Why was it so important to chiefs and other representatives of First Nations to insist on the Governor General’s presence in meetings with Prime Minister Stephen Harper?
Part of the answer is simple: The Governor General represents “Her Majesty the Queen,” four words (except for the years when it was “His Majesty”) that have been, and still are, an integral part of the traditional relationship between the government of Canada and the peoples who were here first.
Picture a huge ceremonial teepee on the Frog Lake Indian Reserve east of Edmonton on a hot day in the summer of 1973. An Indian agent (later renamed “local government adviser”) sits at a large table between an RCMP officer in red serge and the chief of the band council in traditional headdress and clothing. Eligible Frog Lake Reserve residents stand in a mostly single-file line stretching from the table to far outside the teepee.
The agent hands a $5 bill (more if a family is involved) to the officer, who in turn hands it to the eligible Frog Lake residents in the name of Her Majesty the Queen, pursuant to Treaty 6.
I was that Indian agent. To this day, I am moved by how the First Nations peoples still hold so much reverence and respect for the monarchy. Five dollars was worth a lot more when Treaty 6 was first signed in 1876, yet the yearly exercise of receiving it from “Her Majesty” can be inherently of far greater value to the recipients.
I was frustrated listening to interviewers on two of the national TV stations sounding so perplexed about why the First Nations representatives wanted the Governor General at the meetings. Some of the interviewers’ questions seemed to imply it was merely tactics and strategy to upstage the prime minister’s office.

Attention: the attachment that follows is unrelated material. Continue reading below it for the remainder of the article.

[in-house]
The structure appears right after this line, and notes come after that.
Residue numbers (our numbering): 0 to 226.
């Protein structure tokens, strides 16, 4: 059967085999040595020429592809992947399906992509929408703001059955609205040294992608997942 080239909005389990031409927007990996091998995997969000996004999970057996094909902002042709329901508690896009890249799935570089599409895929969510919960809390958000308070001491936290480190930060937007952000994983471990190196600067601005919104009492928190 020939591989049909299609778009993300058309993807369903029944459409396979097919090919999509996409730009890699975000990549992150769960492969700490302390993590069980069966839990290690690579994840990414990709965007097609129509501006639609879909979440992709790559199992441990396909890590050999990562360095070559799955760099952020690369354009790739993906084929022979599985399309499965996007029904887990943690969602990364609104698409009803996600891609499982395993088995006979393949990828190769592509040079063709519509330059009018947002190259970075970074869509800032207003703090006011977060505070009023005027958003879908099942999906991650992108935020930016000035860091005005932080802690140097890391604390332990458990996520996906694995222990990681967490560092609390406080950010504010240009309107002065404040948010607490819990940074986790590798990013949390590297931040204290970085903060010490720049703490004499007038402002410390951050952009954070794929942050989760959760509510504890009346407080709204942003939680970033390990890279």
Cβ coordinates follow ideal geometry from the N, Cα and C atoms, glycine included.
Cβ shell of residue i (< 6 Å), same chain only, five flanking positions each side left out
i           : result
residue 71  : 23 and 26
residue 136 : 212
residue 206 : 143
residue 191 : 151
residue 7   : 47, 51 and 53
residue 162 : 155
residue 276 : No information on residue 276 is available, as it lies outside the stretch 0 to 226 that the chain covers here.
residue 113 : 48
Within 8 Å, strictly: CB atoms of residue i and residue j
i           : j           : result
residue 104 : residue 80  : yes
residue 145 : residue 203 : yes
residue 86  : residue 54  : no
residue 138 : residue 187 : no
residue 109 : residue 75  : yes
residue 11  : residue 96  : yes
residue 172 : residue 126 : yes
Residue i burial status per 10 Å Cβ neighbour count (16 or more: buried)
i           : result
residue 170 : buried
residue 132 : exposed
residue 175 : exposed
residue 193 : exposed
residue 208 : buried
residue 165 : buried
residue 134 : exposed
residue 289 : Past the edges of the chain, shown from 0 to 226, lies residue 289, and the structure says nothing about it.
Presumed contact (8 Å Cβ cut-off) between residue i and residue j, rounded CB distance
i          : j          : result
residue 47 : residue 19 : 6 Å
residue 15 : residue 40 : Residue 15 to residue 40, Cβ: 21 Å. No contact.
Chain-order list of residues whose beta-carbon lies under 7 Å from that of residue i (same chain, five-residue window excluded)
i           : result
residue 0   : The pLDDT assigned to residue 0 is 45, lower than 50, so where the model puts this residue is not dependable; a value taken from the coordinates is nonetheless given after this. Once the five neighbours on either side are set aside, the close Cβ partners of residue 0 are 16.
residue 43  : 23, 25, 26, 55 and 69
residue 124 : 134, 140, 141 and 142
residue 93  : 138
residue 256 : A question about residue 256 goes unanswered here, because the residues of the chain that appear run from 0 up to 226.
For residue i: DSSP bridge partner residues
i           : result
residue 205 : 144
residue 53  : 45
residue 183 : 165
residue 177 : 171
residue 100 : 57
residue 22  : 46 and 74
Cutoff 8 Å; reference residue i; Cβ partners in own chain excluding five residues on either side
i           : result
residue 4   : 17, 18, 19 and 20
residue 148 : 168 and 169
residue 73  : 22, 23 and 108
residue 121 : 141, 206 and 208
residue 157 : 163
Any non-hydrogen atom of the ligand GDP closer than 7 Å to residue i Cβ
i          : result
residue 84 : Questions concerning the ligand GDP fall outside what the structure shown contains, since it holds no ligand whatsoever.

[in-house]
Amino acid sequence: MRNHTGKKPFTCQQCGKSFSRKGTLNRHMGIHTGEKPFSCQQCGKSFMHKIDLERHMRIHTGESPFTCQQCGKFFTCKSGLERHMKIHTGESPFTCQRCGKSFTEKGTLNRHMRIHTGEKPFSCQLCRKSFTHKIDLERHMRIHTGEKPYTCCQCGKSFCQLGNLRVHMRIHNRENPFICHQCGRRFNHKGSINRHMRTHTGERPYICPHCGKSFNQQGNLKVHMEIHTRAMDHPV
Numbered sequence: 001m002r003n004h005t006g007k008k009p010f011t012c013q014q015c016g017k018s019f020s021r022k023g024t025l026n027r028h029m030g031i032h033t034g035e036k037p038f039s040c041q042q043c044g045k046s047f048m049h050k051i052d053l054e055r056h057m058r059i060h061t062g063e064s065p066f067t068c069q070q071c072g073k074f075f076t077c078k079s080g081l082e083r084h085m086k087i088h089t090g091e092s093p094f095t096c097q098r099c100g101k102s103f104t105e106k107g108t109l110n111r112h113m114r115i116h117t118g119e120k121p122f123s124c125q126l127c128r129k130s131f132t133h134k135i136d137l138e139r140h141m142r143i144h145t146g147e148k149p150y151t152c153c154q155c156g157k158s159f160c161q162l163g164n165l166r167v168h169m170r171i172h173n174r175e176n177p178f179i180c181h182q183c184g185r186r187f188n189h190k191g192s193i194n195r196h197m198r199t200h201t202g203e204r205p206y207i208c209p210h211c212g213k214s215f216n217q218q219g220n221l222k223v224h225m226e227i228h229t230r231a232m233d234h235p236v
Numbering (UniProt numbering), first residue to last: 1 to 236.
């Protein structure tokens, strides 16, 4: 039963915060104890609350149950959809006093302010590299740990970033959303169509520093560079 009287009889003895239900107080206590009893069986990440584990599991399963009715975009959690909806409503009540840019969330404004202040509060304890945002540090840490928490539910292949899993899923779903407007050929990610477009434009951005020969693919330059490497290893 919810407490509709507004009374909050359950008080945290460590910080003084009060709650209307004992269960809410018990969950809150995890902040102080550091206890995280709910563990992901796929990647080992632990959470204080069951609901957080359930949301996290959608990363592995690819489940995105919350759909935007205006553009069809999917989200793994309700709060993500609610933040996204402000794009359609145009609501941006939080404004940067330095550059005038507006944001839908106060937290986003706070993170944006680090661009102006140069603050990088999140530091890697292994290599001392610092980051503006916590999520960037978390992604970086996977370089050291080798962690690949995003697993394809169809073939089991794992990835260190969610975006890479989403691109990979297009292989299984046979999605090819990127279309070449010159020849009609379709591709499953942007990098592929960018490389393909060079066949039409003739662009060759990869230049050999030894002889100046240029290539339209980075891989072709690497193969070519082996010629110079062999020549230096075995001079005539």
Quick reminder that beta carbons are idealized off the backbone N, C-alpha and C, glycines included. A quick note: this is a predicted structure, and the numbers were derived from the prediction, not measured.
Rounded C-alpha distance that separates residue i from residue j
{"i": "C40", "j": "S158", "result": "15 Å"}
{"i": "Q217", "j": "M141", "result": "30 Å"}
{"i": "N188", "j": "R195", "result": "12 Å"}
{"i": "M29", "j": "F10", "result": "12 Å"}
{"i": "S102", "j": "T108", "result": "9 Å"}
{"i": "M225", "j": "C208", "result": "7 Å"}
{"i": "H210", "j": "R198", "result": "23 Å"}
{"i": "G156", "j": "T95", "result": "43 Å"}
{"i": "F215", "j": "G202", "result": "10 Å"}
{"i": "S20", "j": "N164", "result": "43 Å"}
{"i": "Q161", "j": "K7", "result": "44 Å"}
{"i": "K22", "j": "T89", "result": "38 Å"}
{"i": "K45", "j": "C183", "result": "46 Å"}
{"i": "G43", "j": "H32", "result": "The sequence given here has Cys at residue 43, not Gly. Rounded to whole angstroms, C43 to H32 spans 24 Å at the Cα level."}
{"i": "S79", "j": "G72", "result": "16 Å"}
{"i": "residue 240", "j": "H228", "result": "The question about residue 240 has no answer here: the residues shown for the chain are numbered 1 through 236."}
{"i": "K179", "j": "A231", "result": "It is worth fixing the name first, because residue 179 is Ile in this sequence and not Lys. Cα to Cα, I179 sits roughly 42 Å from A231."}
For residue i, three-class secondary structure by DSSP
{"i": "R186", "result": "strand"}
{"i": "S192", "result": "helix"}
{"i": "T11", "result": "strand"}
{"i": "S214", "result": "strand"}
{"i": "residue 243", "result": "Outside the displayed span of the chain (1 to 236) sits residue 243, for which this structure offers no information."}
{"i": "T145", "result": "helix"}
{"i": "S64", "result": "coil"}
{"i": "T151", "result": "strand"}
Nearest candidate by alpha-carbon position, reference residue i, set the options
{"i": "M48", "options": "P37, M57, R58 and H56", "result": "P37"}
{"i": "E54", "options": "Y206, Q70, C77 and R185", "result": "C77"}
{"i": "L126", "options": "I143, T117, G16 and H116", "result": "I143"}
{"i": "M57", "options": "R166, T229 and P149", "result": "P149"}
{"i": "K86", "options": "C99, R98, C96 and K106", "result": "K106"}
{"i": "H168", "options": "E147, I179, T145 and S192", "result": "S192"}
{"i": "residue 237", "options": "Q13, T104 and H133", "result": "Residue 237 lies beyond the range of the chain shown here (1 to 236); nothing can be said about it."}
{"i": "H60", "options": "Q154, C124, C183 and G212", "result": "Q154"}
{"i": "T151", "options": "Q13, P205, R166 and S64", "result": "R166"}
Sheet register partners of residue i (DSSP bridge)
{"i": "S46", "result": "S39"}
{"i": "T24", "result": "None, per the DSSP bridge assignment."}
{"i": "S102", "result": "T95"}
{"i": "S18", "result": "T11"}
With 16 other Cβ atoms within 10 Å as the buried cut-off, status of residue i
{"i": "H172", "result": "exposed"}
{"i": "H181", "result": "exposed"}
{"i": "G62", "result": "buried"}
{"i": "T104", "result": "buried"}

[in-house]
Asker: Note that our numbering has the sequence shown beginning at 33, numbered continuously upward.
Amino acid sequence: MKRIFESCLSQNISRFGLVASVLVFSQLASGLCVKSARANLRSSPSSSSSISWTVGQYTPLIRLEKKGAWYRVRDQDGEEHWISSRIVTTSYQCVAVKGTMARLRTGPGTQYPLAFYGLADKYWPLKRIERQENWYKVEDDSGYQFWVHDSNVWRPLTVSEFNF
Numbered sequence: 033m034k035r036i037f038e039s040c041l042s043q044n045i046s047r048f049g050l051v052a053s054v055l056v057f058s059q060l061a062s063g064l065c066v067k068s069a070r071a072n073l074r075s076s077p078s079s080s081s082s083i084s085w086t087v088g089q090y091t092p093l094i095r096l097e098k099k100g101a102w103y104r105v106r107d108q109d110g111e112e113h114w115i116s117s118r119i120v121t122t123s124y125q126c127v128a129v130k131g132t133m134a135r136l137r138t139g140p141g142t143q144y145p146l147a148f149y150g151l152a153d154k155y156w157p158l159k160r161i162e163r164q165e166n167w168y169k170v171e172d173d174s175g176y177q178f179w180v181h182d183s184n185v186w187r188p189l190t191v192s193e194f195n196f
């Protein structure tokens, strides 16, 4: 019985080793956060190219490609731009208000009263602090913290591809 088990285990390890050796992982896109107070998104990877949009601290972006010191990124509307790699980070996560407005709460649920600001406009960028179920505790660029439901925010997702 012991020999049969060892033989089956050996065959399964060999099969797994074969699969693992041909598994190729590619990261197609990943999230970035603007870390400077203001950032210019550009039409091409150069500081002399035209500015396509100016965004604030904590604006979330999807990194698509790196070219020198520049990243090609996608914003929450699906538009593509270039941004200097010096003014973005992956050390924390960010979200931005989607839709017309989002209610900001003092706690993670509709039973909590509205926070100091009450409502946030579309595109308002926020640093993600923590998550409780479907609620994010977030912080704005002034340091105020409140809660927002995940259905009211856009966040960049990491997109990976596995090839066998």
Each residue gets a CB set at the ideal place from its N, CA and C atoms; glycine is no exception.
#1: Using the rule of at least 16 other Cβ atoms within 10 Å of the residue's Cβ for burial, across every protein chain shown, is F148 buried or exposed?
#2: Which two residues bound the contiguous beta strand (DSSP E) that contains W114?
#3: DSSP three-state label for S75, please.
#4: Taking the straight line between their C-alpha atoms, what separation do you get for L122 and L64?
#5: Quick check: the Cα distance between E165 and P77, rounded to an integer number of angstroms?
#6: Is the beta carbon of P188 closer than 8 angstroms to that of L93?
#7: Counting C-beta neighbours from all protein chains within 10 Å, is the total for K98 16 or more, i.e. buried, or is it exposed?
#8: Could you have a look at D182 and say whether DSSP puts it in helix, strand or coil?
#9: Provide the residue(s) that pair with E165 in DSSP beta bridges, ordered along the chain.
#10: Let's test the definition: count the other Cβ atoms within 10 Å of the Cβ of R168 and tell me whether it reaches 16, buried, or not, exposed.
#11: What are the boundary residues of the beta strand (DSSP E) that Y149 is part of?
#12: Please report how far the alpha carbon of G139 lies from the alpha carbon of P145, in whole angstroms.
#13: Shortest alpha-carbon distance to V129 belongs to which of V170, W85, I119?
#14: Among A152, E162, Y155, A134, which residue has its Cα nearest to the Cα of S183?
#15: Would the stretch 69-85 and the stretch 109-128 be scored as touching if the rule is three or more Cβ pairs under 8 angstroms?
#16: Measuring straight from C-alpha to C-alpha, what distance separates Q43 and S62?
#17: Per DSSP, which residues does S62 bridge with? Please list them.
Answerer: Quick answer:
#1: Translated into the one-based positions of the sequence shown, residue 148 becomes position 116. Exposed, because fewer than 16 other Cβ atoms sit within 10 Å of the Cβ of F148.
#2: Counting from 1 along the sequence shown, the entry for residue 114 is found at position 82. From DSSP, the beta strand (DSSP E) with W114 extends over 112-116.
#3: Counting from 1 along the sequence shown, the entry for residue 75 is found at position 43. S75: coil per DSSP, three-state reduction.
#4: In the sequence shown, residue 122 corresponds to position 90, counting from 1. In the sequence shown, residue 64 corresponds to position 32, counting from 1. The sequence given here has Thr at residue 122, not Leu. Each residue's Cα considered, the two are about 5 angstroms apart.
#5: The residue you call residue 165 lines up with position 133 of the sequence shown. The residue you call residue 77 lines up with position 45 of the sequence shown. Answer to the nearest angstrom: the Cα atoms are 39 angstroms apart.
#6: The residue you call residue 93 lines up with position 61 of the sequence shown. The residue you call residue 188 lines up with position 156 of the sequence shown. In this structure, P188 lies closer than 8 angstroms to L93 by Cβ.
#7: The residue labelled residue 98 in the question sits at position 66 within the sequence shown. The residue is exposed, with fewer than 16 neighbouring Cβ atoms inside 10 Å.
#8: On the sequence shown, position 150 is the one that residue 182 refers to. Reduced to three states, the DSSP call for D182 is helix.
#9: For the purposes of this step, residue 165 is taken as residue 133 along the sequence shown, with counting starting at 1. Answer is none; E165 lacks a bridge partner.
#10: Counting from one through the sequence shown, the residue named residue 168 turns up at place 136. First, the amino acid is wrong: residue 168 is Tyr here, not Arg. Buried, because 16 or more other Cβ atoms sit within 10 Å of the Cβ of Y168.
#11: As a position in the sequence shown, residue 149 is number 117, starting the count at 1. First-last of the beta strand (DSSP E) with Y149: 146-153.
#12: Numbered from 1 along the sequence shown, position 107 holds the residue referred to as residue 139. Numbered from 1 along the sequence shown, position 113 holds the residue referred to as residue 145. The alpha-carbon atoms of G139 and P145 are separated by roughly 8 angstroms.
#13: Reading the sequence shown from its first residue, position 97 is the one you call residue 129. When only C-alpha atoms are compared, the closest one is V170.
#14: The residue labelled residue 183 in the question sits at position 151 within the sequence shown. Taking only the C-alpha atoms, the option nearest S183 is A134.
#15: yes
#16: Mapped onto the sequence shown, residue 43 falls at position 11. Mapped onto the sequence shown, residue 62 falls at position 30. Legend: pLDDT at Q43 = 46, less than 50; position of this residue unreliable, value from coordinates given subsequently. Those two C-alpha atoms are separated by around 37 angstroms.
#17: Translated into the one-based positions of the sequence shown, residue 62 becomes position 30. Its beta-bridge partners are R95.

Tactics and strategy are important and, no doubt, there are some who do desire to upstage Harper. But it is my view that most of the First Nations leaders simply wanted to first respectfully negotiate where, when and for how long the meetings are to take place.
It’s standard operating procedure between nations, between management and labour, and between many other entities, small and large.
The Governor General, though the Queen reigns but no longer rules, is still an important symbol of how things worked in the past. Let us hope his presence, albeit only on a ceremonial basis, will ensure a high level of dignity, sincerity and respect.
The prime minister needs to get his act together now with respect to issues of crucial importance, not only to the First Nations peoples but to all the aboriginal peoples in Canada. He isn’t the only one who knows how to use social media in a powerful way. The Idle No More movement and Chief Theresa Spence’s hunger strike are but harbingers of things to come, if he doesn’t show respect to those on the other side of the table.
Paying serious attention to tradition, time and place would be a good start in the right direction.
Dave Byron of North Saanich is a former Canada and Alberta civil servant who served status and non-status First Nations and Métis peoples.
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